what im trying to say here is: i do sports, and i get near perfect grades, and i could do a lot of cool things with my life, so why do people fuss over the length of my hair, or try to protect me from lifting something heavy.

Suzannah

I was jogging up a lane in a Sussex village a couple of days ago. A young man was also out for a run, he ran past me from the other direction. As he passed me he clapped and whooped me. I initially felt mortified, he could see a 40 year old woman struggling away, deserving ridicule. Now I realise he would never have done that had I been a man.

that woman

Out and about with my grandaughter aged 8 1/2. We’re at a car show, looking at some bubble cars. An old man wants to attract her attention, and decides that the best way to do it is to reach past me with his stick and poke her on the bum. He’s wanting to tell her that these tiny cars are for children – which would have been quite funny, if he’d gone about it a different way.

It happened very quickly, and I wasn’t sure exactly where he’d poked her until we talked about it afterwards (but really, is it appropriate for a stranger to poke a child anywhere with a stick??). But we talked about it, we agreed that he was very rude, and we decided what we would do if something like that ever happened again.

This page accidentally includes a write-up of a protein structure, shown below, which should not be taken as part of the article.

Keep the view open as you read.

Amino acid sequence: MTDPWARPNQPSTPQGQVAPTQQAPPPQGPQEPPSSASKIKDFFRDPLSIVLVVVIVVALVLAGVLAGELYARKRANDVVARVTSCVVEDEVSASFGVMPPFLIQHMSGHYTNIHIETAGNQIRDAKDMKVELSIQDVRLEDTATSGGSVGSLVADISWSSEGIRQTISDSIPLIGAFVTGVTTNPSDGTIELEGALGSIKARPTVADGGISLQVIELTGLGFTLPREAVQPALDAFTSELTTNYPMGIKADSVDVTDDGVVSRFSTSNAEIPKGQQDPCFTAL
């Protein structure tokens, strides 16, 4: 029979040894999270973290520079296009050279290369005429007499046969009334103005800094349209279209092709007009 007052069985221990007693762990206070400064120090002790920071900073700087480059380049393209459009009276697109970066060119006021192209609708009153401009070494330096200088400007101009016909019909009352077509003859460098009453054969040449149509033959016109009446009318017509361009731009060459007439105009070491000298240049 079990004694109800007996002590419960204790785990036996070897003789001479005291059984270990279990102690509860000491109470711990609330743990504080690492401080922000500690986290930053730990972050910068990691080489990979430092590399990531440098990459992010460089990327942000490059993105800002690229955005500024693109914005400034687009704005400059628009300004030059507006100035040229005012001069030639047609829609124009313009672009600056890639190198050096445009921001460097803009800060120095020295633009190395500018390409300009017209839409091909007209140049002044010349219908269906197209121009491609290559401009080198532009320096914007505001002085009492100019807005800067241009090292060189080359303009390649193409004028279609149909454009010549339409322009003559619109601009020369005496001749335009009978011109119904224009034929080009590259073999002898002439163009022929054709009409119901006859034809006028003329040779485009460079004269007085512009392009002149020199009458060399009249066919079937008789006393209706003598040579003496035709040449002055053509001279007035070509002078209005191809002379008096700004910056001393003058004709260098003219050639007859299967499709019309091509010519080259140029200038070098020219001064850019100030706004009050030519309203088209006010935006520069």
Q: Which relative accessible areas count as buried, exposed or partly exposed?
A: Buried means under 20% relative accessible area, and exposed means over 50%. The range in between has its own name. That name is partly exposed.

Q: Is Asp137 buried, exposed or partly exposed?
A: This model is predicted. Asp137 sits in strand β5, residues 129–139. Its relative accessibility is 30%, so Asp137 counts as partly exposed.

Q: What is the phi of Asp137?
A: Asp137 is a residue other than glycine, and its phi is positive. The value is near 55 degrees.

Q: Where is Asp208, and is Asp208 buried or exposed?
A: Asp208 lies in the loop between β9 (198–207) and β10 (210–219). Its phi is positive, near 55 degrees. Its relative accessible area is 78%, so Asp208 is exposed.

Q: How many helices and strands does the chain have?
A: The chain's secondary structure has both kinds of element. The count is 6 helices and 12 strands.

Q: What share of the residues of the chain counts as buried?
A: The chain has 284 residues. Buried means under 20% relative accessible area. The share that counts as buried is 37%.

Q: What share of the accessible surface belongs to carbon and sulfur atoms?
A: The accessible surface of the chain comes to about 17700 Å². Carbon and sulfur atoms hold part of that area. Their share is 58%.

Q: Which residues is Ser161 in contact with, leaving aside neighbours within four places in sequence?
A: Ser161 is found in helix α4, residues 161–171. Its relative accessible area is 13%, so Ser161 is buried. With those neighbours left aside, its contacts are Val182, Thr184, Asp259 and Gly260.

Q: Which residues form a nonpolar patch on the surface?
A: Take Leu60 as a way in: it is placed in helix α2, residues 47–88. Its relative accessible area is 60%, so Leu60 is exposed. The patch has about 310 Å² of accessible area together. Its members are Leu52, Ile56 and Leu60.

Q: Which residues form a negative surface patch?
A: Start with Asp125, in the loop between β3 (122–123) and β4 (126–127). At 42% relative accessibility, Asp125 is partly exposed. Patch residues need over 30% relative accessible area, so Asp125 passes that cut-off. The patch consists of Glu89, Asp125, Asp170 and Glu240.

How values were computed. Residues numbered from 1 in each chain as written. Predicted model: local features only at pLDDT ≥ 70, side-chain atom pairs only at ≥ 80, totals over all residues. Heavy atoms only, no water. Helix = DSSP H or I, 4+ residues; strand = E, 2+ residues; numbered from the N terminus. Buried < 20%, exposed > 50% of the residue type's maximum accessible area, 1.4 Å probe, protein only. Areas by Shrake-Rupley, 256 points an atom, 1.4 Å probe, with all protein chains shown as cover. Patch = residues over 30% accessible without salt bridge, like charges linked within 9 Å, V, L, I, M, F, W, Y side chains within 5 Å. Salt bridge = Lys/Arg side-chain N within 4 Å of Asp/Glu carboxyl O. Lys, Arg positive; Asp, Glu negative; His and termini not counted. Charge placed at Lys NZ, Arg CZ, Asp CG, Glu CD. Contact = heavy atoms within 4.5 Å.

Rachel

Im becoming kind of a regular with posts about incidents on my run. The last time I wrote about something that happened was about 3 days ago and I’ve only been on 1 run between that one and the one this morning. As usual, I was out running by 5:20am but changed my route as I do often to ensure my habits couldn’t be learned and no one could plan to follow me. Things were going well and I was about 10 minutes from home when I saw a car driving down the road towards me. I knew something was wrong when it slowly came to a stop before it reached me and I noticed the driver window was down. I had heard about others who experienced this and had terrible things happen to them so knew the best thing to do was try to not look vulnerable in any way. I slowed down my pace and stared down the man inside as I ran past without breaking eye contact. He looked like he wanted to say something but decided against it. Feeling a little more confident, I heard him drive on and i kept running. Then I heard him turn round. He was slowly driving back down the road on the side I was running and had stopped again a few metres behind me. Despite how terrified I was I knew that I still had to look like I wasn’t scared in the hope of convincing him that I wouldn’t be worth the fight if he was thinking of attacking me. I stopped running and slowly crossed the road in front of his parked car, making and holding eye contact with him, then with one final glare, ran on down a footpath where his car couldn’t follow.